Inadequate medical specialists  affecting health delivery — Prof. Adanu
Prof. Paul Nyame (left), first rector of the college, delivering his address. With him are Prof. Richard Adanu (middle) and Prof. Pius Agbenorku, Vice-President, both of the college. Picture: EBOW HANSON

Inadequate medical specialists affecting health delivery — Prof. Adanu

LACK of medical specialists  commensurate with the prevailing population in the country is affecting quality health delivery, the Rector of the Ghana College of Physicians and Surgeons, Prof. Richard Adanu, has said.

According to him, the few medical specialists in the system were only concentrated at some centres to the detriment of the rest of the country, especially rural communities.

He also said that medical personnel who came to the college to specialise were opting for areas such as surgery, obstetrics and gynaecology, while few went in for radiotherapy, medical laboratory and other areas.

“But we need many people to specialise so that we can meet the health needs of the people,” the rector added.

Prof. Adanu was answering questions from journalists on the challenges of specialist training for medical doctors during a press soiree organised by the college as part of activities marking its 20th anniversary celebrations in Accra.


The rector said that the college was working with relevant stakeholders to come up with initiatives that would create a faster route for medical doctors to specialise in areas he claimed some of them were avoiding.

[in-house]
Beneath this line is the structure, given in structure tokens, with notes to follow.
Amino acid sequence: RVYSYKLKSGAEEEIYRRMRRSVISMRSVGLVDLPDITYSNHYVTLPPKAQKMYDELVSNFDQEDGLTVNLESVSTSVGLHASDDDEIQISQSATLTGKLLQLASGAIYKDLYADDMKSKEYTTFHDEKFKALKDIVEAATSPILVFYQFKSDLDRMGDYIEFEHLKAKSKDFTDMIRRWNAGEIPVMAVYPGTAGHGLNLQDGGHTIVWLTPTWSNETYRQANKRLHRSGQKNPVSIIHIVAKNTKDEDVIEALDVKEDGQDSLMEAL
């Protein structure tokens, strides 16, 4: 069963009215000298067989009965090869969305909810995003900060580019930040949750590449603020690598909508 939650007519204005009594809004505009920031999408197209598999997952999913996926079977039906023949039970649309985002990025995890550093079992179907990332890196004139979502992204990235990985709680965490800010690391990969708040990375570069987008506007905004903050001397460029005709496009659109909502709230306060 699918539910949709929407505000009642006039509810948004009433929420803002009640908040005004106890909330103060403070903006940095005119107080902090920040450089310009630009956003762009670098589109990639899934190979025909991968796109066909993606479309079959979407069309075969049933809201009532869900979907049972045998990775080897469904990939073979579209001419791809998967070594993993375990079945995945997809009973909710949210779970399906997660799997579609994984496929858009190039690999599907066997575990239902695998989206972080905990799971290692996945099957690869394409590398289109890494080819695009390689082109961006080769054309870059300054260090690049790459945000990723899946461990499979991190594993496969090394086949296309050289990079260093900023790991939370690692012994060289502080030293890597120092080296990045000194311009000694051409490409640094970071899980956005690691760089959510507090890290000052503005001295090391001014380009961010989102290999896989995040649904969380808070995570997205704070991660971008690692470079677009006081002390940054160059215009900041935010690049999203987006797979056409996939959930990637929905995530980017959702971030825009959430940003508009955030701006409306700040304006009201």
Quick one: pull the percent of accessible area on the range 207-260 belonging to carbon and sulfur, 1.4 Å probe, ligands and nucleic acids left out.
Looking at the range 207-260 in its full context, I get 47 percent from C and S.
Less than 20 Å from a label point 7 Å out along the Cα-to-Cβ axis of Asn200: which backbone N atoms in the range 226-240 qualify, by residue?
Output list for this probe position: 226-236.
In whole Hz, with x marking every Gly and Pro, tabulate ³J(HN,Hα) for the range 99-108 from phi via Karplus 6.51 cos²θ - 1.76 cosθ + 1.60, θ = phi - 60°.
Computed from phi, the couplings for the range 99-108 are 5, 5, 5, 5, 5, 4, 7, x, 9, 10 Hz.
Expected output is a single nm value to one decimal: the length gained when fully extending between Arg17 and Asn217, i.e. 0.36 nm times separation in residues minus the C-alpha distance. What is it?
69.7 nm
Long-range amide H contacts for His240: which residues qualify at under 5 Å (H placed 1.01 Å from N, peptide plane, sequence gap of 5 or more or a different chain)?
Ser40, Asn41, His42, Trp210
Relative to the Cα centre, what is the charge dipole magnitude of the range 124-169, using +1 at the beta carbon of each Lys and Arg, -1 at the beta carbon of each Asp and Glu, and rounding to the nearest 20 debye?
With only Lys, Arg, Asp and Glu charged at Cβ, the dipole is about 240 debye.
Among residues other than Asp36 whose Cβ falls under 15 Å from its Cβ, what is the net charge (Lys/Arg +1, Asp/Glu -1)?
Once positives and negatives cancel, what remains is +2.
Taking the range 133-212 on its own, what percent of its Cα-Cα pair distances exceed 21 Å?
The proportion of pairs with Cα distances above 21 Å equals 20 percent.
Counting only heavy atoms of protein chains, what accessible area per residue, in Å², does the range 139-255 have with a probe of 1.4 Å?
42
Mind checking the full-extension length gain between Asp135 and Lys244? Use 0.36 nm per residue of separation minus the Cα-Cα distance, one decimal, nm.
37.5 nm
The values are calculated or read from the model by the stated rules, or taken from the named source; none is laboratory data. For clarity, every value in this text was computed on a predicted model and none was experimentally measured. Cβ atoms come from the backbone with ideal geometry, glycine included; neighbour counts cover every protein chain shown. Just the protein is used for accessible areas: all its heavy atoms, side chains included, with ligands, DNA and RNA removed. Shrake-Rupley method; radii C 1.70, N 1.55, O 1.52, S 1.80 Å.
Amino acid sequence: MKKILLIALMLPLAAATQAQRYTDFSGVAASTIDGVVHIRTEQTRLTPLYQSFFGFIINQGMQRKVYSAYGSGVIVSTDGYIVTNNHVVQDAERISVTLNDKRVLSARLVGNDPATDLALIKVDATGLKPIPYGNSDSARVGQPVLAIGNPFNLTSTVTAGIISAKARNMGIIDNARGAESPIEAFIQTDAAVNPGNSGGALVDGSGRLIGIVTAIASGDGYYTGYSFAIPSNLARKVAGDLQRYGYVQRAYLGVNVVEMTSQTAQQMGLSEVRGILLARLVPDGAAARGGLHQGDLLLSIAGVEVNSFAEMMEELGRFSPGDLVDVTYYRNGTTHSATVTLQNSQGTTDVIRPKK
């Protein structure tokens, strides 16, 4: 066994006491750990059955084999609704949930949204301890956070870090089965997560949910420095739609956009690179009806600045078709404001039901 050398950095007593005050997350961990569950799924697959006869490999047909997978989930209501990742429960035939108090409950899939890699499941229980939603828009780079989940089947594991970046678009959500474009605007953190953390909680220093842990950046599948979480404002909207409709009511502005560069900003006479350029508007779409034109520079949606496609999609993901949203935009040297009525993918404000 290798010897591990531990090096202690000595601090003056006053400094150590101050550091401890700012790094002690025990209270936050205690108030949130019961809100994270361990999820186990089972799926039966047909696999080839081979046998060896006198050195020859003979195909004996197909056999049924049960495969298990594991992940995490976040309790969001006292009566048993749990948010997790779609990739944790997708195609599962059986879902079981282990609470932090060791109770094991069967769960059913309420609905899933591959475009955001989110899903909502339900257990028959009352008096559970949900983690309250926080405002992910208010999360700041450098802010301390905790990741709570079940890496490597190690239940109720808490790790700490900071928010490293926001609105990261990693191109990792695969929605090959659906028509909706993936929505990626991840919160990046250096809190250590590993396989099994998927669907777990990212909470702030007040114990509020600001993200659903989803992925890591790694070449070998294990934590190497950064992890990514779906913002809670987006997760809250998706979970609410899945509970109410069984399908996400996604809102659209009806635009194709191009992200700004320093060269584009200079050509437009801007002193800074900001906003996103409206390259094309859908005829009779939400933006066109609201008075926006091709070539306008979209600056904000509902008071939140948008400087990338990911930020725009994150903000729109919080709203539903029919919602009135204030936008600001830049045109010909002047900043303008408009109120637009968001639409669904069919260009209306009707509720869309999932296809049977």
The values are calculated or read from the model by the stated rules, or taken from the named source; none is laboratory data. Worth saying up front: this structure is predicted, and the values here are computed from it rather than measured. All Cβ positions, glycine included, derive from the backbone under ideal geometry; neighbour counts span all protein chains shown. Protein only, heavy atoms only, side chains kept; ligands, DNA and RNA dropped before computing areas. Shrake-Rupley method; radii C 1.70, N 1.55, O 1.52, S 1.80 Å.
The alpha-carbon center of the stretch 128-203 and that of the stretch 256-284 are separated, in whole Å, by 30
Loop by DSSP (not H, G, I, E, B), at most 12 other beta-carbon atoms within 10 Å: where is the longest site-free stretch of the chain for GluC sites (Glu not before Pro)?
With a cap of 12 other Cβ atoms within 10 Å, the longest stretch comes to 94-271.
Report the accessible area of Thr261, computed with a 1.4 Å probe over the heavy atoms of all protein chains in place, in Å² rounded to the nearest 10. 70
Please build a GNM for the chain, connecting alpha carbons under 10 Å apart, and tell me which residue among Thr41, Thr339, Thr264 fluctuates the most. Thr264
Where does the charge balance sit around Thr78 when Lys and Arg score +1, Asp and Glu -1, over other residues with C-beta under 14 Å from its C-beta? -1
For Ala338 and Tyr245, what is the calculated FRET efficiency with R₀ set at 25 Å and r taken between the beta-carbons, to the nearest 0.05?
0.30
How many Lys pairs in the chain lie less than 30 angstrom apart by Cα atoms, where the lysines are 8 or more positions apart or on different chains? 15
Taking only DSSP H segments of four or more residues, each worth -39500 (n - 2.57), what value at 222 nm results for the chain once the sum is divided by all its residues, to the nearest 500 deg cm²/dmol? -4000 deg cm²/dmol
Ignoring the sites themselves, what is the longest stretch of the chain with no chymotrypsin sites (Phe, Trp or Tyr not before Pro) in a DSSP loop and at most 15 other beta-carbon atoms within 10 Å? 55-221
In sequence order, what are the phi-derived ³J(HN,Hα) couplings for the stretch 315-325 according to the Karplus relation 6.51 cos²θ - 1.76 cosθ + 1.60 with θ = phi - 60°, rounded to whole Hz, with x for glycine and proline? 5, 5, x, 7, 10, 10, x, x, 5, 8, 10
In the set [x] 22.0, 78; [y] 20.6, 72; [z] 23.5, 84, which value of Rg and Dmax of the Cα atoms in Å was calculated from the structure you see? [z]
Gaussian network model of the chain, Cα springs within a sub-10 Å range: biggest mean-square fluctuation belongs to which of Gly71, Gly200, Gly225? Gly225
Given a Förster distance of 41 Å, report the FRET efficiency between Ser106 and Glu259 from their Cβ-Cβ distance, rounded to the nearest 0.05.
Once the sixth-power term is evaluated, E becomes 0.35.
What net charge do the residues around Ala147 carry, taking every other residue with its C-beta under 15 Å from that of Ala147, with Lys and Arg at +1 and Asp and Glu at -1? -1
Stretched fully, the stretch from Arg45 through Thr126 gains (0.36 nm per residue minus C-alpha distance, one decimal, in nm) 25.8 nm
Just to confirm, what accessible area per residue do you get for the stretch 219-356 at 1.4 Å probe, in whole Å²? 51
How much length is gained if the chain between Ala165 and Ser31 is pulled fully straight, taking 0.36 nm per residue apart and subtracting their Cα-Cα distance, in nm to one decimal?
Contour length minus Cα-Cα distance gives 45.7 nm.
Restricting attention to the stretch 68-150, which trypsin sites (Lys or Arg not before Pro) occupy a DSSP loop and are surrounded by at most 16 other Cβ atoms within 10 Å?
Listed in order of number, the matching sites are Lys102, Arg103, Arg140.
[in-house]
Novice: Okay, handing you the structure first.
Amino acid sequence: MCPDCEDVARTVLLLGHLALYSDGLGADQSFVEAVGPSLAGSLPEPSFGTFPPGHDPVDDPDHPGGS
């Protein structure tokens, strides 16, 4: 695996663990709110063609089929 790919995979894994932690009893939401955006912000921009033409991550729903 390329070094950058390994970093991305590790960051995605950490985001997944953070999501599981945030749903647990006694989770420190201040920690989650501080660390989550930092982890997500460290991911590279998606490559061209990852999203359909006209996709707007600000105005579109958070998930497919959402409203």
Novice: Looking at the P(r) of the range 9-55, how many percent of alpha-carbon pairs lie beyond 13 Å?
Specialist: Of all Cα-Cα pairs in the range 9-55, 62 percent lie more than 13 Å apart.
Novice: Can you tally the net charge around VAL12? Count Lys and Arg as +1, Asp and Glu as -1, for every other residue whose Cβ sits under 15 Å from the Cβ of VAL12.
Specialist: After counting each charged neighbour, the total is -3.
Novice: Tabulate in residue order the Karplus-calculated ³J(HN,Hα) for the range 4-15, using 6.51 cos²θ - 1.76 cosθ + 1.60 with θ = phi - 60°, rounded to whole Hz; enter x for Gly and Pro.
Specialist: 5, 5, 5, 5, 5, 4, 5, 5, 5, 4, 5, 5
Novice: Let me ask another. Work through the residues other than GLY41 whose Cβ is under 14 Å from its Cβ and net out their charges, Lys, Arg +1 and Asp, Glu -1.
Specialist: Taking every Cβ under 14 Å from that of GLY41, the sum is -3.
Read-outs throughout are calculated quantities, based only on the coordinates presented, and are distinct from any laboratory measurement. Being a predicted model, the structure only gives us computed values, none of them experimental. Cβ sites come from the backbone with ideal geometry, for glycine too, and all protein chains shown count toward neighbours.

The initiatives include helping doctors to begin the programme right after they had finished with their housemanship training.

He further said that the level of equipment available in the country’s public hospitals was not helping in the training of specialists.

“In a speciality like radiology, you get residents who sometimes have to do rotation in the MRI or CT scan room, and sometimes the MRI machine might not work throughout the period of attachment of resident doctors,” Prof. Adanu said.
He said the college was, therefore, collaborating with semi-private institutions such as the National Maritime Hospital and the Bank Hospital to use their modern equipment to train doctors in some specialist areas.

The immediate past President of the college, Dr John Nkrumah-Mills, said the establishment of the college in 2003 by an Act of Parliament was timely because it slowed down the brain drain of doctors from the country.

According to him, postgraduate training for doctors was one of the main reasons doctors were leaving the country, adding that so far, the college had produced 1,690 specialist doctors and 200 Fellows.

“I believe we must celebrate these excellent achievements.” he said.


The Chairman of the Anniversary Planning Committee, Dr Justina Ansah, mentioned activities lined up for the anniversary to include public lectures, a fundraising dinner in Accra, health screening exercises and a health walk in Accra and Kumasi.

The rest are museum exhibition, poster presentations/exhibition and thanksgiving services in Accra and Kumasi.

The first rector of the college, Prof. Paul Nyame, commended all those who contributed and supported the construction of the building for the college.

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